The first-of-its-kind engineering trial will be the highlight of WHOI's next Dive and Discover online expedition. For years, scientists have dreamt of sending small fleets of robots to explore the depths, but the ocean presents formidable obstacles to navigating and communicating in the deep. On an 18-day expedition to the South Atlantic aboard the research vessel Knorr, researchers will unleash Puma and Jaguar at the same time; the AUVs will be unpiloted and unattached to the ship. Puma is designed to use sonar, lasers, and chemical sensors to sniff out signals of hot, mineral-rich fluids venting from the ocean floor. A twin AUV, Jaguar, carries cameras and bottom-mapping sonar to collect photographs and bathymetry maps. Both vehicles are designed to hover like a helicopter over the seafloor. As these underwater "cats" prowl a little-explored stretch of the Mid-Atlantic Ridge, researchers will test navigation and communication technologies that will enable the AUVs to talk to each other and to scientists aboard Knorr in real time.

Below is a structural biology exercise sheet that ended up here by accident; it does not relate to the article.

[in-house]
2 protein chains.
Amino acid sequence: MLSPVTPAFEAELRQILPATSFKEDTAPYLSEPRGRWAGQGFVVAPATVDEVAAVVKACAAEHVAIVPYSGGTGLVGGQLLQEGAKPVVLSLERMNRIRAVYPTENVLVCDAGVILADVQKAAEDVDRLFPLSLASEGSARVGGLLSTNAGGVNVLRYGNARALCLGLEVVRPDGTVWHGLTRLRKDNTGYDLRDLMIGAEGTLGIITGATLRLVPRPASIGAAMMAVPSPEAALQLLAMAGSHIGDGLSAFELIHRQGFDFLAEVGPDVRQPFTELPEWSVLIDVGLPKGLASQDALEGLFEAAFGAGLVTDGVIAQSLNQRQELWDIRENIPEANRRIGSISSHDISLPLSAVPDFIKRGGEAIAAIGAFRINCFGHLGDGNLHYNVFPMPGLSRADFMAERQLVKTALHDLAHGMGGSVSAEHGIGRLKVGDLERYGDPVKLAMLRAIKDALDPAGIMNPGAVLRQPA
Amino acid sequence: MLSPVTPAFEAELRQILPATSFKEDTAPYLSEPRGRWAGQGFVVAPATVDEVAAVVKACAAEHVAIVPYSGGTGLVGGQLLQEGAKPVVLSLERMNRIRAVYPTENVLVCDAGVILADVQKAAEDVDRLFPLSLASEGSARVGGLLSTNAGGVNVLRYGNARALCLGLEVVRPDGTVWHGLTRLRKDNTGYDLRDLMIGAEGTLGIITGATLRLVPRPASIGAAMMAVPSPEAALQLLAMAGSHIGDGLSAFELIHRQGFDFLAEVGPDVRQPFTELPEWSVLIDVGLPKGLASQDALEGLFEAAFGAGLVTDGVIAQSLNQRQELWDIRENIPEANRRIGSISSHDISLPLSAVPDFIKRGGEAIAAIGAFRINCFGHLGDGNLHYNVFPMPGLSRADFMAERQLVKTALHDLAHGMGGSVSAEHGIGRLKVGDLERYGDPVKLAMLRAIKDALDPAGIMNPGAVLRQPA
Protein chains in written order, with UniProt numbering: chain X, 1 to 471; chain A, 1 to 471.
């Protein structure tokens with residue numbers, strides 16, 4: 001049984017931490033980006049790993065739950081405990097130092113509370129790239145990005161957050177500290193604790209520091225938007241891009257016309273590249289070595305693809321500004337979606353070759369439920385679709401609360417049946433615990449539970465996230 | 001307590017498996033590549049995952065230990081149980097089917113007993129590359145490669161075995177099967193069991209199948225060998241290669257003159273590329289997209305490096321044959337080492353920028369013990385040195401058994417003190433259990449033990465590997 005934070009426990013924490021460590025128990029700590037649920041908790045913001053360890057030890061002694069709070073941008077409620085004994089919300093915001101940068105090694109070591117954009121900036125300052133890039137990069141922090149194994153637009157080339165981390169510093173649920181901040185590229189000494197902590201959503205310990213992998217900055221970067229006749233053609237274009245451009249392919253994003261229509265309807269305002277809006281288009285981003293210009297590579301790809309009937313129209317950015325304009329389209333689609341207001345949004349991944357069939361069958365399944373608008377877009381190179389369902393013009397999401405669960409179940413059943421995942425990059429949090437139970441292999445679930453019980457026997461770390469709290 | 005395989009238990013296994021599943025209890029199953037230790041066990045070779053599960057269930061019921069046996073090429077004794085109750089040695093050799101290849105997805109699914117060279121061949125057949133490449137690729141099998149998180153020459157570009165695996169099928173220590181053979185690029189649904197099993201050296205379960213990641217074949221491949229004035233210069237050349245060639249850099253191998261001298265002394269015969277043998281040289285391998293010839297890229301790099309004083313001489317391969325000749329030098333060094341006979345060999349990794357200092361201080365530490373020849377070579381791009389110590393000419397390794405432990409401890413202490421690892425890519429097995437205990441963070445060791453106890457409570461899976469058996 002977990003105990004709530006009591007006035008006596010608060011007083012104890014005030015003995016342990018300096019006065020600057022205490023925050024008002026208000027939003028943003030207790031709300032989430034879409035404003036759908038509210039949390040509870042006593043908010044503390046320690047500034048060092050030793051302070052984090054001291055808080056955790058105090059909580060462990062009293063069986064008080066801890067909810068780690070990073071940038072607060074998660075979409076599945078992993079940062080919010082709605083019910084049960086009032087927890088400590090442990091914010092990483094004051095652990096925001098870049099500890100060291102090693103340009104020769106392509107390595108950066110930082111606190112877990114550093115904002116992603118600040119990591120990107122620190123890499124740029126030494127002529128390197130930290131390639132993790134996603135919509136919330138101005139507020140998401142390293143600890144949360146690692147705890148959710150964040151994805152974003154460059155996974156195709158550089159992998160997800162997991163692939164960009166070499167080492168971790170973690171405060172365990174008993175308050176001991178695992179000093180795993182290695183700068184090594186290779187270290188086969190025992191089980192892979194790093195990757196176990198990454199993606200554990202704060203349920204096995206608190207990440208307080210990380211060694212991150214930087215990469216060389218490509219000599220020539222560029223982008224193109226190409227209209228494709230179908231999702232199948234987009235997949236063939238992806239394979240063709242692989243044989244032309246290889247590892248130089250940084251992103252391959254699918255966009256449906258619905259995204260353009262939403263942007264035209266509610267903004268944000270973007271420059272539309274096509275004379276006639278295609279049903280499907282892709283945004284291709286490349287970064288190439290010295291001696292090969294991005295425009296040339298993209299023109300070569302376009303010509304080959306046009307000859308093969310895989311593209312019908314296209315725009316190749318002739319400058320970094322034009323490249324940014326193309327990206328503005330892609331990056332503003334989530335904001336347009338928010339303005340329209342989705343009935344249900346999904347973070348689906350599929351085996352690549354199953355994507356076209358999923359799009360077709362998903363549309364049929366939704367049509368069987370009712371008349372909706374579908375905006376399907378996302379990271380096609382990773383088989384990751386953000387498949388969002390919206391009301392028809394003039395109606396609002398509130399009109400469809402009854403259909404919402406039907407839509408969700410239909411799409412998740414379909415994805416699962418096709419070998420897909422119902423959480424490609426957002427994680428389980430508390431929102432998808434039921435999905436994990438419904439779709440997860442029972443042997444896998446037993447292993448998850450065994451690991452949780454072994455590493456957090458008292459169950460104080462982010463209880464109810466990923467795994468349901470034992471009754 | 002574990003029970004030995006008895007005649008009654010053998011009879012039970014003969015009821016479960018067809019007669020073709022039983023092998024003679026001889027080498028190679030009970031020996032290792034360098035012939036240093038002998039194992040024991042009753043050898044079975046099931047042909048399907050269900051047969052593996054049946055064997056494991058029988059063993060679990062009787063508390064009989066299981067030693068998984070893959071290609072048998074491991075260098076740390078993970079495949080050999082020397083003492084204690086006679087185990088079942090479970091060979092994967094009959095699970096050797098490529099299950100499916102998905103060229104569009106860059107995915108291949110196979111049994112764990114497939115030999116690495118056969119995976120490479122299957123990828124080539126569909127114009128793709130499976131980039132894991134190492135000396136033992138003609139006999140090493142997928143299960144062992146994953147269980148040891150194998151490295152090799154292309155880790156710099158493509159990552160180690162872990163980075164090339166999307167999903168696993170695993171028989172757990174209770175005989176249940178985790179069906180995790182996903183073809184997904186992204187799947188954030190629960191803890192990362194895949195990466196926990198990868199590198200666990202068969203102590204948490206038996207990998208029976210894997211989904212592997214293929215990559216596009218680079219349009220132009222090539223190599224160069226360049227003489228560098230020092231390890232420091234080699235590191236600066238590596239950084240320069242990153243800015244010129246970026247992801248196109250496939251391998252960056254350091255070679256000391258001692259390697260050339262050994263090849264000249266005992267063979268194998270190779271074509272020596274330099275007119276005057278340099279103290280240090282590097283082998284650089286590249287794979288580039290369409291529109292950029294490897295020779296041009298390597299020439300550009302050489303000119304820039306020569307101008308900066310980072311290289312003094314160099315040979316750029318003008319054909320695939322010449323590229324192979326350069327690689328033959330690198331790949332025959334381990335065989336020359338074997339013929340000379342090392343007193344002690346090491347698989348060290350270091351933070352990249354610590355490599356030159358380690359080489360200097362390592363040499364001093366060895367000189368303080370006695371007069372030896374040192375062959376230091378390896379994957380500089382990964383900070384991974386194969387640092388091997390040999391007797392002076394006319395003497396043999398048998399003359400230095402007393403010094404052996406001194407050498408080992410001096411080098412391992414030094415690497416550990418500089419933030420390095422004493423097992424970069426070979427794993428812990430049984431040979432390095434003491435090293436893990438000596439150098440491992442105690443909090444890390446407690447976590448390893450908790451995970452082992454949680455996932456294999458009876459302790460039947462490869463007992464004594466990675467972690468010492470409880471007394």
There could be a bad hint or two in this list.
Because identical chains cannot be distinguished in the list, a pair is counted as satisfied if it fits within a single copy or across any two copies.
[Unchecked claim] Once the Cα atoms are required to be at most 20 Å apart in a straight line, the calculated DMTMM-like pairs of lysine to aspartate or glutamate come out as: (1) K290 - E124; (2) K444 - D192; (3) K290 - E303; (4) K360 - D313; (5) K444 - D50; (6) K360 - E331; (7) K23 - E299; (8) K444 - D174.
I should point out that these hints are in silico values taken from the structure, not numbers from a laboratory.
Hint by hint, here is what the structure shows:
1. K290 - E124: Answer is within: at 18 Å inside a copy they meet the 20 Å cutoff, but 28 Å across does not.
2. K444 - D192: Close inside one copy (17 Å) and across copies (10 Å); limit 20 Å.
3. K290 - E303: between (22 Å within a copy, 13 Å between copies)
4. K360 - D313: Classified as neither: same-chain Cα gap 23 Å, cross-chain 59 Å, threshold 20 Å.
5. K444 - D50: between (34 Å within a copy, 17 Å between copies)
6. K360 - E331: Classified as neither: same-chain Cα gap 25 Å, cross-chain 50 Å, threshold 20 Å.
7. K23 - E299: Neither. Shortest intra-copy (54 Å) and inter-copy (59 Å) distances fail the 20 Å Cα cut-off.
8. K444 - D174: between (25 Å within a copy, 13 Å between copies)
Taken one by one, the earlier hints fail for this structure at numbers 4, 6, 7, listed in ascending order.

The Jaguar AUV is lowered into the Arctic Ocean from the icebreaker Oden during a June 2007 engineering test.
(Clayton Kunz, Woods Hole Oceanographic Institution)